This week’s debaters were all overall impressive. However, I am concerned about sorting out all the confusion from differing incomplete presentations on policies dealing with climate (minimally addressed this week), healthcare, immigration and gun safety. I agree totally with Beto on guns, for example but his imprecise rhetoric scares the hell out of even open minded listeners. We, the party and its contestants need to clarify soon and quickly that we do not mean to rip your healthcare away from you for an unknown alternative, turn us all into soy milk drinking vegans eating by candlelight, advocates of open borders (which I actually am) and confiscate your guns. Note, the media is already stupidly using the term confiscate. This scares the hell out of Americans. People in this chaotic, fascist environment need clarity and stability, not confusion. Messaging really is important and once again, Democrats are not getting that. Words really matter and really move minds and hearts.

  3. Stan Merriman

    The Breakfast Club mentioned here is the Iconic restaurant making fried chicken and waffles infamous, Black owned and frequented by Democrats of all ethnic stripes. It is the political restaurant in which to be seen in Houston. But more important, its owners are activists and put out one helluva meal. I so miss it, though Wilmington’s Libby’s is pretty amazing too.

    • Libby’s is probably my favorite breakfast place. But the Breakfast Club mentioned in the Root article I linked to is a radio program on NY Power 105. You can hear their programs on the web too.

  4. Trump is going to win because there are a host of people who identify with him (“a very stable genius”). Criticisms of Trump has become personal to them because he is them. He will also win, because the Democrats are tainted by calls to take their guns, by plans to raise their taxes, and by plans to eliminate their health care. The details matter not. The general public has never been influenced by details, or by forward thinking, or the long term. All they know is the here and now. In the winter it gets cold, they have their guns and their health insurance now, they have jobs now, the economy is chugging along now. Eventually disillusion will set in, but not before the election.

    I don’t know what a winning platform and message would be for the Democrats, but I can know they don’t have it and the GOP has manage to instill fear in the populace. And fearful people do not readily accept change. What they do is circle the wagons, hunker down, and maintain status quo. Most people do not like revolution, which is chaotic at best. That’s why those responsible for managing change employ evolution as their primary tool.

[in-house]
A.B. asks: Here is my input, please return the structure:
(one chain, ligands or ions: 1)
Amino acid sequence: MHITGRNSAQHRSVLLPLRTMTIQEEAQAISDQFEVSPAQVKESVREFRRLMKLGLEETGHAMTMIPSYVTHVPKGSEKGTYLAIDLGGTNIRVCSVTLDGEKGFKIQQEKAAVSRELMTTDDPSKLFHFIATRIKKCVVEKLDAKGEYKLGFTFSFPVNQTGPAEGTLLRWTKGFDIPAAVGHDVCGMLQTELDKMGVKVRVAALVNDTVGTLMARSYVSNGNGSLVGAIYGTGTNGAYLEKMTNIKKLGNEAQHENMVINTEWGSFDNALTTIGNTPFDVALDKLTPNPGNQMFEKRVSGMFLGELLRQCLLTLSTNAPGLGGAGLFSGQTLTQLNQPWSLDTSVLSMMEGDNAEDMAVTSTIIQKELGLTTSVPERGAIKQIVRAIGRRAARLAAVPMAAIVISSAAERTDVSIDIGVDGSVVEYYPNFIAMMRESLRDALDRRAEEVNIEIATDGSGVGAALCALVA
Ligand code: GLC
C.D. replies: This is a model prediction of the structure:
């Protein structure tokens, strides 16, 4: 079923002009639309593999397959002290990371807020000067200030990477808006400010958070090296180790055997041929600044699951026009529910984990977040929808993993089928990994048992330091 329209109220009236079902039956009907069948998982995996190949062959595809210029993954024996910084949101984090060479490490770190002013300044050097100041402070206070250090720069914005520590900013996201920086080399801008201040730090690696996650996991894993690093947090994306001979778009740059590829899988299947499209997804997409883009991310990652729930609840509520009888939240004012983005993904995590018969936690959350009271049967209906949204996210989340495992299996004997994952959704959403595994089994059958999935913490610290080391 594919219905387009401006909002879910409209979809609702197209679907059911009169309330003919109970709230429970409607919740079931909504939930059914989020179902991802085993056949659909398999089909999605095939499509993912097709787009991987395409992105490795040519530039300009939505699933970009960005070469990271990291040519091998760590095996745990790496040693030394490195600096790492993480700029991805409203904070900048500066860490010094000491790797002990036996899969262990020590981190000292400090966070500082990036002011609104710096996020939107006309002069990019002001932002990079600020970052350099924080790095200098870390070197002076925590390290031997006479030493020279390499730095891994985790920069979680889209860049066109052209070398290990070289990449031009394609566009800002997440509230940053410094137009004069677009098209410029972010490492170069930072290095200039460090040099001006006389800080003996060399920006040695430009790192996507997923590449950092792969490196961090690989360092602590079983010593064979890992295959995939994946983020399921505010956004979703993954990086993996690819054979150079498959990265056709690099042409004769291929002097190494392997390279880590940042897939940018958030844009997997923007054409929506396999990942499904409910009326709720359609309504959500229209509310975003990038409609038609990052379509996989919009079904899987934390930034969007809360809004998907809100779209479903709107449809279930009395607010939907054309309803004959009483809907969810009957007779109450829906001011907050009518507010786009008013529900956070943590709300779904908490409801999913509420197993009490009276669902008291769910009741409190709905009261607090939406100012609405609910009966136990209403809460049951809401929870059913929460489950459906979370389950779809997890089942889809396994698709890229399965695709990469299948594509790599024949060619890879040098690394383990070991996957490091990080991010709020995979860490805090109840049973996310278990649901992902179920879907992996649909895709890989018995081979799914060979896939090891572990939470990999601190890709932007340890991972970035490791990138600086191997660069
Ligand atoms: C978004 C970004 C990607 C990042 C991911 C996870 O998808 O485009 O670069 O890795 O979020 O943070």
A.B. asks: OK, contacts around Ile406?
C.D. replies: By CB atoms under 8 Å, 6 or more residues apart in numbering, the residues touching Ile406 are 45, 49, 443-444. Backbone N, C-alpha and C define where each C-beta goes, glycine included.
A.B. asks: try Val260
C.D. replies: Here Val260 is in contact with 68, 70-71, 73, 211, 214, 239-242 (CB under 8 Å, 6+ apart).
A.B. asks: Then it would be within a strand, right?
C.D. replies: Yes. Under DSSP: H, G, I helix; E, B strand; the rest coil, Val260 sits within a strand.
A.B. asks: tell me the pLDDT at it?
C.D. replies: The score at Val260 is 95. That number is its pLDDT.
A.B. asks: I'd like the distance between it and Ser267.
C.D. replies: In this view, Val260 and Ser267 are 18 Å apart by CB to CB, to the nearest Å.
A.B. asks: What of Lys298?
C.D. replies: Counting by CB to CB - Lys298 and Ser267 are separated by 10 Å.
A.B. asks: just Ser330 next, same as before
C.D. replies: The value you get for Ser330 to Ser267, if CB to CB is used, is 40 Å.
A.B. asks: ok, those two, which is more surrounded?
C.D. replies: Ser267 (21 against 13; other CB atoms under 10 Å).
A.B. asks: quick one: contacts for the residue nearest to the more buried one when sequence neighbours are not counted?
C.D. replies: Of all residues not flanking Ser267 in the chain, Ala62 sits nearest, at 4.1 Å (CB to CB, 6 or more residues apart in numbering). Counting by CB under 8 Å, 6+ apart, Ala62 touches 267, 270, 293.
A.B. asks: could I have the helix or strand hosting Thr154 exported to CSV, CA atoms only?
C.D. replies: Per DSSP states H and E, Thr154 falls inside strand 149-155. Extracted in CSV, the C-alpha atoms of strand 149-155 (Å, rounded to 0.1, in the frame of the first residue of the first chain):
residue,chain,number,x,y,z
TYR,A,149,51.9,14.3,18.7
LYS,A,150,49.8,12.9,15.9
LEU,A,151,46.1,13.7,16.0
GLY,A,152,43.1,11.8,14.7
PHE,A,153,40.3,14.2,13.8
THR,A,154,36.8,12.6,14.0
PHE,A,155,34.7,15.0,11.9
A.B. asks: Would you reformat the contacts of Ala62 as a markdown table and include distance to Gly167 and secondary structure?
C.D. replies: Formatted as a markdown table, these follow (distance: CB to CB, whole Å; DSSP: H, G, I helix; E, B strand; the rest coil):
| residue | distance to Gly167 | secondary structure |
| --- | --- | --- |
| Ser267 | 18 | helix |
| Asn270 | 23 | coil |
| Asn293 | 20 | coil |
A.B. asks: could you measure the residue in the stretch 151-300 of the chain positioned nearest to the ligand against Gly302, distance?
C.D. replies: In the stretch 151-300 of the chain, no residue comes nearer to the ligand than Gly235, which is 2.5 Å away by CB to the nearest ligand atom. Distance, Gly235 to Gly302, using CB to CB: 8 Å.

I’m resigned to a second Trump term. I hope the nation can survive it. I hope we can at least take Congress as the only remaining bulwark against that which may destroy the nation.

    • Enjoy your resignation. And STFU from here on out about the people who are trying to get rid of this fool.

      • I don’t enjoy my resignation, but I am a realist. And sure, as you requested, I will no longer offer my opinions.

        • such a martyr. I really wish the pro-trump idiots would stop pretending they dont love every second of this.
          Funny how you’ve forgotten the Dem’s win in the mid terms… or multiple wins in special elections.
          As for ‘people dont like revolutions..” bullshit. trump was a revolution. Sure, a revolution of racism and desire to see everything crumble, but a VAST departure from the status quo.

          The dems also ran a candidate who ran a bad campaign… but in all of that, also clearly forgotten by you, he won on a technicality. the majority of Americans THEN AND NOW didnt want him.

          The economy is only doing well for people with money and people within 5 years of retirement. all the rest of us see the looming recession, see our stagnate wages, and see an ENTIRE government unwilling to do anything about it. I”ll tell ya this, if trump cheats his way to a second term there WILL be a revolution.

        • I think you should look past your own demographics. You’re living down state and are retired. My mother lives down there and if I was surrounded by that community I’d probably feel the same way you do.

          Dems are still united. What we aren’t doing is jumping on the first candidate that does well in the polls. The number of Ds waiting and seeing is pretty substantial. Right now, the Joe Scarboroughs of the world are pushing Biden hard – presenting him as “safe” as well as a way to win back Trump voters. That’s a sucker’s bet.

          Here’s the way I see it. People who voted for Trump in 2016 and then went “Oh, sh*t” won’t be there for him this time (see 2018). They may not vote for the D, but they won’t vote for him. The ones still supporting him, or pretend to be on the fence will vote for him. Fence sitters don’t exist. Anyone who needs to be “convinced” to vote D will vote R. They do this every time. Write them off.

          Right now, across the country, people are registering Ds to vote, expanding our minority base. That’s how we win.

          All that said, if the GOP cheats again (voter suppression, closing polling locations) then he wins – no matter who votes for us.